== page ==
Natchan World set for sea trials
The newest 112 meter Incat vessel, Natchan World, destined for service with Japanese operator Higashinihon Ferry, is currently undergoing final touches at Incat's Prince of Wales shipyard in Hobart, Tasmania, prior to beginning sea trials on April 3.
Already the four MAN 20V 28/33D diesel engines, each rated 9,000 kW at 1,000 rpm, have been started for the first time and the vessel is now completing a series of tests in readiness for sea.
Incat says the MAN 20V 28/33D offers a low weight when compared to other engines in its class and that he advantages of engine durability, efficiency, low noise and low maintenance costs make it the engine of choice for Incat vessels, with impressive fuel consumption, burning less kg per cargo tonne per hour than any other high speed catamaran.
The latest combustion chamber technology with electronically controlled pump pipe injection system and optimized cylinder pressures, reduces specific fuel consumption to <190 g/kwh. at almost a 7 percent reduction per kwh over the previous generation of medium speed diesel engines this represents a massive saving on annual fuel bills.
The vessel is also environmentally compliant with low NOx of <10 g/kwh.
The ferry is fitted with four of the largest transmissions from ZF Marine GmbH, the ZF 60000 NR2H, each with maximum rated power of 12,387 kW. Special technical solutions were required to satisfy the engine room layout and the demand for the highest reliability. The transmission had to be matched to the interface provided and the ZF solution was an excellent compromise with low weight and small dimensions.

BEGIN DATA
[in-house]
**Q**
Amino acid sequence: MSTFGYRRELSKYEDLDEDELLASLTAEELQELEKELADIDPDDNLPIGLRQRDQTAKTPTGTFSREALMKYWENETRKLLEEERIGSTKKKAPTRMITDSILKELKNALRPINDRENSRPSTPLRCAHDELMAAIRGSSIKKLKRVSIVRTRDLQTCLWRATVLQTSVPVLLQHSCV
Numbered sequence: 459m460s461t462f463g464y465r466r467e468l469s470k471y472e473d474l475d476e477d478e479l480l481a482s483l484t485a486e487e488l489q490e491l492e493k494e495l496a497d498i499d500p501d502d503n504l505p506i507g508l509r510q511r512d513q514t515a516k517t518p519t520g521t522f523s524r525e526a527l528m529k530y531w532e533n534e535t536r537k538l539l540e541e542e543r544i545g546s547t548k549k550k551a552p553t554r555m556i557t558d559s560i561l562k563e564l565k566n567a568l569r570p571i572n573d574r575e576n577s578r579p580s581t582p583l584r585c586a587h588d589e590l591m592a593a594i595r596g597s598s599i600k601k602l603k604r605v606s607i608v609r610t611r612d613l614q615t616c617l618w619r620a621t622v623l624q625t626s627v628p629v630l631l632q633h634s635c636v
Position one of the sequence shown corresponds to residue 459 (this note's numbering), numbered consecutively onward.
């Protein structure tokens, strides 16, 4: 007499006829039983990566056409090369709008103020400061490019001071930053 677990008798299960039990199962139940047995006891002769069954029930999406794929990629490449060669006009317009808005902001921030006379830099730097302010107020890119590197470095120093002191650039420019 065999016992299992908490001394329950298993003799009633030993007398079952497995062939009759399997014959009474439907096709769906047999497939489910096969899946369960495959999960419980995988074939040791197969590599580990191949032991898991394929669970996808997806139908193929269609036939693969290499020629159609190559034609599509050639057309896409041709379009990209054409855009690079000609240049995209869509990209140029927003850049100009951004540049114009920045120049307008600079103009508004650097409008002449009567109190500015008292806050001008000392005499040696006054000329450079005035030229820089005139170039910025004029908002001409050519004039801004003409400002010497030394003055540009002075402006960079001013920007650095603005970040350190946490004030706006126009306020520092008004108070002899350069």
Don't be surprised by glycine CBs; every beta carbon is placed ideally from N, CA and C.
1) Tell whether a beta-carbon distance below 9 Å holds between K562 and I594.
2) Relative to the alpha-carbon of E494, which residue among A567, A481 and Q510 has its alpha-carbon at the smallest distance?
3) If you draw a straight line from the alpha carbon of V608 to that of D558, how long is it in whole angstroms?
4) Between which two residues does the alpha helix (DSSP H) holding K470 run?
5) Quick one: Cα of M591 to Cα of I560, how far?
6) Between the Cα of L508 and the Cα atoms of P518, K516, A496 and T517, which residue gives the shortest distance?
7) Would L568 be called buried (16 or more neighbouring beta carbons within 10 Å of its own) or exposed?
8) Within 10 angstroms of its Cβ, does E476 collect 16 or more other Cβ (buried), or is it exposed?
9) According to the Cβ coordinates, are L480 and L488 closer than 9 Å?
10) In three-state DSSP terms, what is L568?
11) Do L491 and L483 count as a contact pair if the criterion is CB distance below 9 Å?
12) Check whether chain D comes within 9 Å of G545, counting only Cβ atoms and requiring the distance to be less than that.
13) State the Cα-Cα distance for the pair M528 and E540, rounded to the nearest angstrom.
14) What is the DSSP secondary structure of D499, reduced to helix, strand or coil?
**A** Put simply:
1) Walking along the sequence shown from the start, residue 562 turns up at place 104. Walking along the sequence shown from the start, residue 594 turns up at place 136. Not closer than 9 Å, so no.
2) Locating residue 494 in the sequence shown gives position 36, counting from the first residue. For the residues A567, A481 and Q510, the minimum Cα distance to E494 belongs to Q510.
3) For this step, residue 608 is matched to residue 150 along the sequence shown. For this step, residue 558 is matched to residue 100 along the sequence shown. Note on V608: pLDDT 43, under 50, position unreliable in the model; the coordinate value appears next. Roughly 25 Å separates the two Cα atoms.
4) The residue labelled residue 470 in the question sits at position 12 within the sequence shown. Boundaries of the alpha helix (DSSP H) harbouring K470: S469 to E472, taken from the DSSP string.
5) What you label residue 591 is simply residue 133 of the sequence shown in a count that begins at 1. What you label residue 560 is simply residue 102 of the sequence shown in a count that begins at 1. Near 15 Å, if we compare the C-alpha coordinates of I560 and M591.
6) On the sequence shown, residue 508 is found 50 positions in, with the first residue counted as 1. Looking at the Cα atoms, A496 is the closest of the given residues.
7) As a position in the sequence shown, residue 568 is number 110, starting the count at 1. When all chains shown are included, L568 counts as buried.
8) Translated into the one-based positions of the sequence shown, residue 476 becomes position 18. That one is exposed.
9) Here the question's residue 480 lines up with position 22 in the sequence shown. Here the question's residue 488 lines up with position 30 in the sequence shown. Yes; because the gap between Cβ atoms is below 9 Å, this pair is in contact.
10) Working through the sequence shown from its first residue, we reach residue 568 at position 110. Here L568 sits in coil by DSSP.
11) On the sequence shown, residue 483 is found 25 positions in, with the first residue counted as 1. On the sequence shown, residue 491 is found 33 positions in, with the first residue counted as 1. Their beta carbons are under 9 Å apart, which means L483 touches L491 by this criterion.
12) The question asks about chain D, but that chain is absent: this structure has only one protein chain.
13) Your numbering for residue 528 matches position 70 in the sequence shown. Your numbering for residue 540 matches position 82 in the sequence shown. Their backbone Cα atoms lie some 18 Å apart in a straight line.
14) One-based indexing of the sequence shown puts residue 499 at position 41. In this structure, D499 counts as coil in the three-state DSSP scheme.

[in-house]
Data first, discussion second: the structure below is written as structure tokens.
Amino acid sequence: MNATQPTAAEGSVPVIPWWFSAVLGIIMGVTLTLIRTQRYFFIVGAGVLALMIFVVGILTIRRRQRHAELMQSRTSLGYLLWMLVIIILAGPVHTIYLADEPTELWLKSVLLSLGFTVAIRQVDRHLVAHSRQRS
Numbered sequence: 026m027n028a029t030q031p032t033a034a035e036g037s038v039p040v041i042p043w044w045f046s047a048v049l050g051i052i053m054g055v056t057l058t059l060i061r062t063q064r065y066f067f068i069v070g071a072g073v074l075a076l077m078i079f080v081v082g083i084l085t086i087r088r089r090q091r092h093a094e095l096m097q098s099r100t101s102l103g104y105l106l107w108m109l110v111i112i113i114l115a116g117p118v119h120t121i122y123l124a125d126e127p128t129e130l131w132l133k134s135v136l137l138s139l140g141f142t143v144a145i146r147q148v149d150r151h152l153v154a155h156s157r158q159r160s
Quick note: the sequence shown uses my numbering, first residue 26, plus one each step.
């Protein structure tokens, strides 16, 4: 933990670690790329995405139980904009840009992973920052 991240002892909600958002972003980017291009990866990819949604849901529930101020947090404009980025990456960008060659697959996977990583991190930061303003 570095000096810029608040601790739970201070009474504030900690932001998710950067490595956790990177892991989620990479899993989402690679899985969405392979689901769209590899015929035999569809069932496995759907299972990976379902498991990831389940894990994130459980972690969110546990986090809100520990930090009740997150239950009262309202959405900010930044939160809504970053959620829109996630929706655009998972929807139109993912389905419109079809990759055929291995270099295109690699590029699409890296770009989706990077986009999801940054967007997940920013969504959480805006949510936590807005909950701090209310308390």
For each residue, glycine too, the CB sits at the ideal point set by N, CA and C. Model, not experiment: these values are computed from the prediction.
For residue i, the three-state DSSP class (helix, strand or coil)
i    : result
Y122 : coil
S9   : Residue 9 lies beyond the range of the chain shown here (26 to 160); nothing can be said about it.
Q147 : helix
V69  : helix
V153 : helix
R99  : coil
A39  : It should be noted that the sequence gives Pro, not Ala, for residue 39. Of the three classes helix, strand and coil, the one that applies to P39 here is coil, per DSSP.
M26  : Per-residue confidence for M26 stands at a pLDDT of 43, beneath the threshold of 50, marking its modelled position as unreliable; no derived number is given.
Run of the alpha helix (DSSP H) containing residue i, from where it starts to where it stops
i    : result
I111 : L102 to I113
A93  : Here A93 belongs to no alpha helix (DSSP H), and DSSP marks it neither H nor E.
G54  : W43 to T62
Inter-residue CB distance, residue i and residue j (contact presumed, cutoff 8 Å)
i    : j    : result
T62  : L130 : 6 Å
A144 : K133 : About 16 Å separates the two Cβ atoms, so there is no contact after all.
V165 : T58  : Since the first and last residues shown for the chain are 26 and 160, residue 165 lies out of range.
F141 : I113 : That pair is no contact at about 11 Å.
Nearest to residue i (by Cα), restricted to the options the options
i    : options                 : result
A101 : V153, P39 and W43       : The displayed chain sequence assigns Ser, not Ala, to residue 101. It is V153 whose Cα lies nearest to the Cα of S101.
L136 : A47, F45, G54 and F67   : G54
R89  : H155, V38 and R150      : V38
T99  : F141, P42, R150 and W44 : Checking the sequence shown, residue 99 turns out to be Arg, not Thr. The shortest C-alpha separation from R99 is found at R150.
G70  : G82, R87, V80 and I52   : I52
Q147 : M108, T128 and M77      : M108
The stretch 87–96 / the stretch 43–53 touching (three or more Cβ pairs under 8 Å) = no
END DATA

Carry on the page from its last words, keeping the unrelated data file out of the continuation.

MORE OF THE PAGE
Engine power is converted to propulsion thrust through a new design of waterjet from Wärtsilä. The new LJX waterjet offers, in comparison with other waterjets available today, a 25 percent reduction in mounting flange diameter, a 10 percent overall weight reduction and a 35 percent increase in cavitation margin. It comes with a 1500 mm diameter impeller and an inboard layout for steering and reversing hydraulics.
A substantial weight saving has been achieved through the use of Centa carbon-fiber shafts. Some 70 percent of weight has been saved compared to that in the use of conventional steel shafts.
Securing reliable and economical power generation on board are four MAN D2876 LE301/HCM 534C 360 kW alternators.
Early on Thursday, April 3, Natchan World is scheduled to make its first departure from the wharf at Prince of Wales Bay before passing under Hobart's Tasman Bridge after the city's morning rush hour.
The ship will return to the Incat yard for final adjustments to be made during Friday.
On the morning of Saturday 5 April the Natchan World is planned to depart at around 9 am and will head down the River to Storm Bay for a series of sea trials. It is anticipated the ship will return to the city late that afternoon.
On Sunday 6 April, the ferry is scheduled to sail again for further sea trials, after which it will return to the shipyard in preparation for a naming and completion celebration on Tuesday 8April.
Hull 065 Principal particulars
Length overall: 112.60 m
Beam (molded): 30.50 m
Draft: approximately 3.93 m
Speed: 40 knots
Fuel consumption: 190 g/kwh
Deadweight: Up to 1,450 tonnes
Total persons: 800 persons
Vehicle Deck: 450 truck-lane meters plus 193 cars or a total of 355 cars